Hearing From the Other 90%!
Sometime ago on the Encouraging Mathematical Thinking listserve, David Adams wrote: "I think that the conservative estimate is that >90% of the population would say that they are not good at mathematics! What a success rate! Is there any other subject that engenders such a sense of failure? People judge their competence by what they can't do rather than by what they can do!"
Wow! Conservative estimate? And, how does the public explain this?
So, on a Google whim, I posed the question: How many people do poorly in mathematics?
The following is a collection of reader responses from the website AskMetaFilter:
 Obnoxious, narrowminded, impatient math teachers is what. Most people get burned and scarred for life.
 Because it is abstract. Because it is dry. Because it makes your brain hurt.
And although math can be beautiful, and some people love it, math contains no love or emotion, as do art or music or literature.
 Math and science in schools are taught in a very resultsoriented way: it's about finding or knowing the right answer, not about ways of viewing the world or processes for finding and testing ideas. This means that people associate math and science with being told they are wrong (and therefore "I'm bad at math" or "science is hard").
 Uh, I studied history in college and 75% of people I tell that say, "Ohh, I hated history," or "I suck at history." On the other hand, people who study math/science/engineering/etc. seem to get that response less often. They usually get more of an, "Oh wow, that's impressive," type answer.
 Math doesn't have big scary teeth. Math teachers often do. Really. I've asked a lot of stupid questins in my student days. I've never got a withering eyerolling "Jeez what an idiot look" from any teacher  except a math teacher.
 I think the reason that so many people hate math is because it can be very unforgiving. When coupled with subpar teachers, the unforgiving nature of math can be extremely discouraging. If you're writing an essay, a misspelled word or a poorly constructed sentence in the first paragraph doesn't ruin the whole paper. Granted, if you're mistaken about a broad general idea, then that might be a problem, but a tiny mistake is completely irrelevant in the face of the larger work. If you make an early mistake in a math problem, however, all of your work can become incomprehensible. In order to discover what went wrong, you have to start over and carefully comb over the problem to find out where you reversed a sign, or mistook one value for another, or made a simple arithmetical error.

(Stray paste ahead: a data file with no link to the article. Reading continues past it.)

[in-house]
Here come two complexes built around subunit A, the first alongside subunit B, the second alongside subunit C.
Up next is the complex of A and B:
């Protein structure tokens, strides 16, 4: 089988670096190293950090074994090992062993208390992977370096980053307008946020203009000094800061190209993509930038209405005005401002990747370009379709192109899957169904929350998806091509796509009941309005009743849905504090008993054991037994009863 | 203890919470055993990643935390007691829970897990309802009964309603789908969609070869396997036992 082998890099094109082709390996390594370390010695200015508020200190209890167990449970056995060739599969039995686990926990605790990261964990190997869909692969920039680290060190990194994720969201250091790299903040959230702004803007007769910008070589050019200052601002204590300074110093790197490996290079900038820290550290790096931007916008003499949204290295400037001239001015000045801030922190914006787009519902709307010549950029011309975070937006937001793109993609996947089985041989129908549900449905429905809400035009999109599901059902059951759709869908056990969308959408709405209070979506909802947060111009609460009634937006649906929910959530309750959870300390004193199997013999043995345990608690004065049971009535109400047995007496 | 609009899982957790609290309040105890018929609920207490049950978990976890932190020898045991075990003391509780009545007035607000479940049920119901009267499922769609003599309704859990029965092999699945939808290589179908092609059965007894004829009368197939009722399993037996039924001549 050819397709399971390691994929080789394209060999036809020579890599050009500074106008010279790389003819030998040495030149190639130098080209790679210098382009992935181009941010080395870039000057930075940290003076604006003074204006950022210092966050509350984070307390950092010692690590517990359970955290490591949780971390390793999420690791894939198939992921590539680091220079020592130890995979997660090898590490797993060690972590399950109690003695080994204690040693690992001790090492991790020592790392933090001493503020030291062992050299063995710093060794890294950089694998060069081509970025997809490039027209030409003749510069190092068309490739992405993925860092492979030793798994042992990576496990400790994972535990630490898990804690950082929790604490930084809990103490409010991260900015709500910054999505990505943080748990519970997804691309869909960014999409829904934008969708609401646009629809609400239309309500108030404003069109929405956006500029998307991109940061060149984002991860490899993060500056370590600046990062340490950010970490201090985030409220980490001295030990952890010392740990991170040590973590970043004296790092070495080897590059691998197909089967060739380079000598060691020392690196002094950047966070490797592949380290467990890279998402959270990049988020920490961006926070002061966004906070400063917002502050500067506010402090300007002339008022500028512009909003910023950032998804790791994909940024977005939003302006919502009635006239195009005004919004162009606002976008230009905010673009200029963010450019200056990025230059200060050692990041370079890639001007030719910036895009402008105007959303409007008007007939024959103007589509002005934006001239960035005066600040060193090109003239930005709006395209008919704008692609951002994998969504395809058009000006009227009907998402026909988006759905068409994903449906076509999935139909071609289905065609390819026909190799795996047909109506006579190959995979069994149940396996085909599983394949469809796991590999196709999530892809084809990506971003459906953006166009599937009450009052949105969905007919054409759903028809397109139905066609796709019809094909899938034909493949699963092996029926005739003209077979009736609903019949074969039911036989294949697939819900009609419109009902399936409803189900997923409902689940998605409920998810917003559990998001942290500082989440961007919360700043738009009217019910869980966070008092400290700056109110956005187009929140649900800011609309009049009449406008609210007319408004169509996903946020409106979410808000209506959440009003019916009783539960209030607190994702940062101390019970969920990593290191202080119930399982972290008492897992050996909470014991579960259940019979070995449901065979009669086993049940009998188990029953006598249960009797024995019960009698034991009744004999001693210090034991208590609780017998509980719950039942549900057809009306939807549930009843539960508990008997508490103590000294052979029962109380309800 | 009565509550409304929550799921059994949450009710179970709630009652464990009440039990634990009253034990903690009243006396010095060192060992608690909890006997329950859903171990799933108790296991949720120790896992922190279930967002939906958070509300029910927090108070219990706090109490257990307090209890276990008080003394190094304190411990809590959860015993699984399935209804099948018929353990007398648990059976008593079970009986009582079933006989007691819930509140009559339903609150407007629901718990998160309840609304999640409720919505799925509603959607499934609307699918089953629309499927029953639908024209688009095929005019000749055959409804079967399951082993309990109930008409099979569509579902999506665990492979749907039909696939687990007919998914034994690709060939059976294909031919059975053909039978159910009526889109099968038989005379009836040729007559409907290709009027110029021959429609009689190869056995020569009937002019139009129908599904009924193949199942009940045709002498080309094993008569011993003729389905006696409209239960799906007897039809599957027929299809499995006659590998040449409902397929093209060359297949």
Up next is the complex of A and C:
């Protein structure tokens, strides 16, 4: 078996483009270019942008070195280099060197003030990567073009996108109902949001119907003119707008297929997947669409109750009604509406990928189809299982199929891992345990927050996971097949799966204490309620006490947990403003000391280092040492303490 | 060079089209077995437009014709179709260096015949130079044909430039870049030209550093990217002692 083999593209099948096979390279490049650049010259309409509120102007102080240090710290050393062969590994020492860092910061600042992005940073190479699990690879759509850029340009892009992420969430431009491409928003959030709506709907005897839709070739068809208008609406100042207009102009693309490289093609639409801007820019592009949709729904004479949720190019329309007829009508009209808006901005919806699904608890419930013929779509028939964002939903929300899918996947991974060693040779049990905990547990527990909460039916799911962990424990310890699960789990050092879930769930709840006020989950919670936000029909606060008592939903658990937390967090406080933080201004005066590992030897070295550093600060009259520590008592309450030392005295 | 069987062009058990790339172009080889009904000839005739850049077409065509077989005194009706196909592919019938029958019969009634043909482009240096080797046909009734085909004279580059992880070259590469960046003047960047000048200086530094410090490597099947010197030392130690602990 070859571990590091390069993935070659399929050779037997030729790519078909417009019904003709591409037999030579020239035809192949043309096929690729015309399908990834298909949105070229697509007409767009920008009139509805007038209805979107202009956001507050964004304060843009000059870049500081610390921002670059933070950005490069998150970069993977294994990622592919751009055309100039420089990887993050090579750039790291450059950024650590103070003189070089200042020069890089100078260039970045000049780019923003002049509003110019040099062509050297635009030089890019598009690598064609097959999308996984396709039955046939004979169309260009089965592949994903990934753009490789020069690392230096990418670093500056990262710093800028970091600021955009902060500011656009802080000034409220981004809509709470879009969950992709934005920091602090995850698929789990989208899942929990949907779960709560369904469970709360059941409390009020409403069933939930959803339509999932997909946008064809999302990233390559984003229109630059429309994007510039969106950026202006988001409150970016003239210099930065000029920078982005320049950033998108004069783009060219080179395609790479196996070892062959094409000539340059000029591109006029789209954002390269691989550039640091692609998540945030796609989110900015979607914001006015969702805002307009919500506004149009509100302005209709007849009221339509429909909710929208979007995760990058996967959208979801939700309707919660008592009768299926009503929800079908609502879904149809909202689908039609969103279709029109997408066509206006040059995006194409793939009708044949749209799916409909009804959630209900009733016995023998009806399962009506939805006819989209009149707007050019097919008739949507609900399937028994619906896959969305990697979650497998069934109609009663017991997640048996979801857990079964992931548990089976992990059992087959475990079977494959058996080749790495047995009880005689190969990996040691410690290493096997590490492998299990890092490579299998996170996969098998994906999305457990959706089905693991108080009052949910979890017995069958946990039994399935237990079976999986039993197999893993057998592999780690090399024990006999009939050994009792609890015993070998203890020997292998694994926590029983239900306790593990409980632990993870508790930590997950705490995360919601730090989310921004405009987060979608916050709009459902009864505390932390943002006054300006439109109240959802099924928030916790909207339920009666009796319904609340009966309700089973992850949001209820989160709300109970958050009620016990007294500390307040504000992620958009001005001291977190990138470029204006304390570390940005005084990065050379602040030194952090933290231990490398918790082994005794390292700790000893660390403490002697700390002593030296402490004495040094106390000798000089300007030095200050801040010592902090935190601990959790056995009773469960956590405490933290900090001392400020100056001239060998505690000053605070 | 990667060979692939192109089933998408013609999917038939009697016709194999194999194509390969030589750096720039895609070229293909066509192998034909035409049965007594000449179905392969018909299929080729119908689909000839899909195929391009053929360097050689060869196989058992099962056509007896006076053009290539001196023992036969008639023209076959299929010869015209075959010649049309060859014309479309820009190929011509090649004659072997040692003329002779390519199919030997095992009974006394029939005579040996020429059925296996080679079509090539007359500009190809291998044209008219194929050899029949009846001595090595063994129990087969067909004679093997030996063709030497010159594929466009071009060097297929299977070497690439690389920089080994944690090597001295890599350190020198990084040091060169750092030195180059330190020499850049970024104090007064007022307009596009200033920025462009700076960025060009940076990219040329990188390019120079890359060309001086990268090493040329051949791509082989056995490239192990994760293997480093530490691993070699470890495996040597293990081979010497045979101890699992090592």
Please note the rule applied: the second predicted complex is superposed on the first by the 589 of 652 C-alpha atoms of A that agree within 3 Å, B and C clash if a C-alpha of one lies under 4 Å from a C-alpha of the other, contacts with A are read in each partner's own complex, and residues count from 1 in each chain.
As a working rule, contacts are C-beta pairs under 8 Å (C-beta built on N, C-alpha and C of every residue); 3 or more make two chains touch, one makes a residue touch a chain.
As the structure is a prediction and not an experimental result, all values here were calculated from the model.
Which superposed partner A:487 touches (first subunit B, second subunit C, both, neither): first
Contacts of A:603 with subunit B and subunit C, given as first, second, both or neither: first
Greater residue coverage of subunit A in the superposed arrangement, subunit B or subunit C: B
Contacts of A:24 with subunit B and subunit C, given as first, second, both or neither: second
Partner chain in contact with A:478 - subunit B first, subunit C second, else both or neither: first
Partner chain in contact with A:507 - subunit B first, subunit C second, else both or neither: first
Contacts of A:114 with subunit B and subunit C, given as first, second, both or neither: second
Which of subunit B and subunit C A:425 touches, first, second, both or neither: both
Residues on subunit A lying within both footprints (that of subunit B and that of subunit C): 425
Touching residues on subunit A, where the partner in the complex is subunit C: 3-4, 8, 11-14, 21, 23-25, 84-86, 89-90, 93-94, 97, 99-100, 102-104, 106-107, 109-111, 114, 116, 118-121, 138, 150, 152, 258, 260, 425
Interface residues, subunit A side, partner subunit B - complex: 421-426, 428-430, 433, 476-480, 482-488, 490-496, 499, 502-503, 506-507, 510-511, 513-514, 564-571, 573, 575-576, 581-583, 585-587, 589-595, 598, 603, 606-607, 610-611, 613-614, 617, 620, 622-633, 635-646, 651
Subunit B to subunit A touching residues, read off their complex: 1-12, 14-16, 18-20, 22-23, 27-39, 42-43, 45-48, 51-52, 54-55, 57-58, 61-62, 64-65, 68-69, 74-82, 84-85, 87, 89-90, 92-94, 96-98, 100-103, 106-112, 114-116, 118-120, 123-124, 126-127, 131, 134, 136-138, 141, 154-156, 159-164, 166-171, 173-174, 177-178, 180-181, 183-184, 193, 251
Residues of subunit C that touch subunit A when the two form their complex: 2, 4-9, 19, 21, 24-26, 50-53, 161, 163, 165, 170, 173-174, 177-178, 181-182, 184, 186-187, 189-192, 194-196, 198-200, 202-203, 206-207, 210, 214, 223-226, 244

I dislike math because there is no wiggle room.
I dislike math because of the terms "signed numbers" and "integers." Who the hell thought these up, and why?
I dislike math because I resent the fact that it used to be called arithmetic, but now it's called "Math"; short and nasty.
And most of all, I hate hate hate the phrase, "You do the math!"
 The problem is fundamentally circular with marginal teachers creating discouraged students, from which come the next generation of marginal teachers. It is interesting that other parts of the world do not have this problem, suggesting a primary cultural malfunction.
These are just a sample from a list that went on for about 65 printed pages. It was an interesting read...if you got the time, try it. Also, I never even got to the other Googlesuggested responses. One was enough!
I close with a response from Nadise:"
I hate math and science. I don't understand them, and they feel completely inaccessible to me. Here's my stab at explaining all the reasons why:
 Schools...teach science and math to the tests. There didn't seem to be passion in the subjects even for my teachers; it was all about memorizing facts that appeared arbitrary to me. No sense of wonder or puzzleandsolve. Not even an organized system of logic that I could discern, grasp, and then rely on.
 It's binary. Either you're right or you're wrong. I'm sure this isn't the case when you get to the more advanced, theoretical levels of either math or science, but it takes many years of that binary experience before you're ready to debate theory. So neither subject felt creative in the least.
 I could never tell how to change my study techniques in order to improve. Math and science were completely counterintuitive to me, and I could never "get it". The only answer I ever got when I asked teachers and adults how to approach learning it was practice. Well, if you do the same thing over and over, you'll get the same result over and over. If that result is failure, that's not fun.
 Plus, someone once decided I was no good at math or science, and made the mistake of telling me that. From then on out, I'm sure part of it was confirmation bias. I have no idea who it was, or how early, but judging by the tip chart I keep in my wallet, it was way back in the basics years.
So, back to David Adams and his original claim, he closed with the words: "Now I will get off my soapbox!"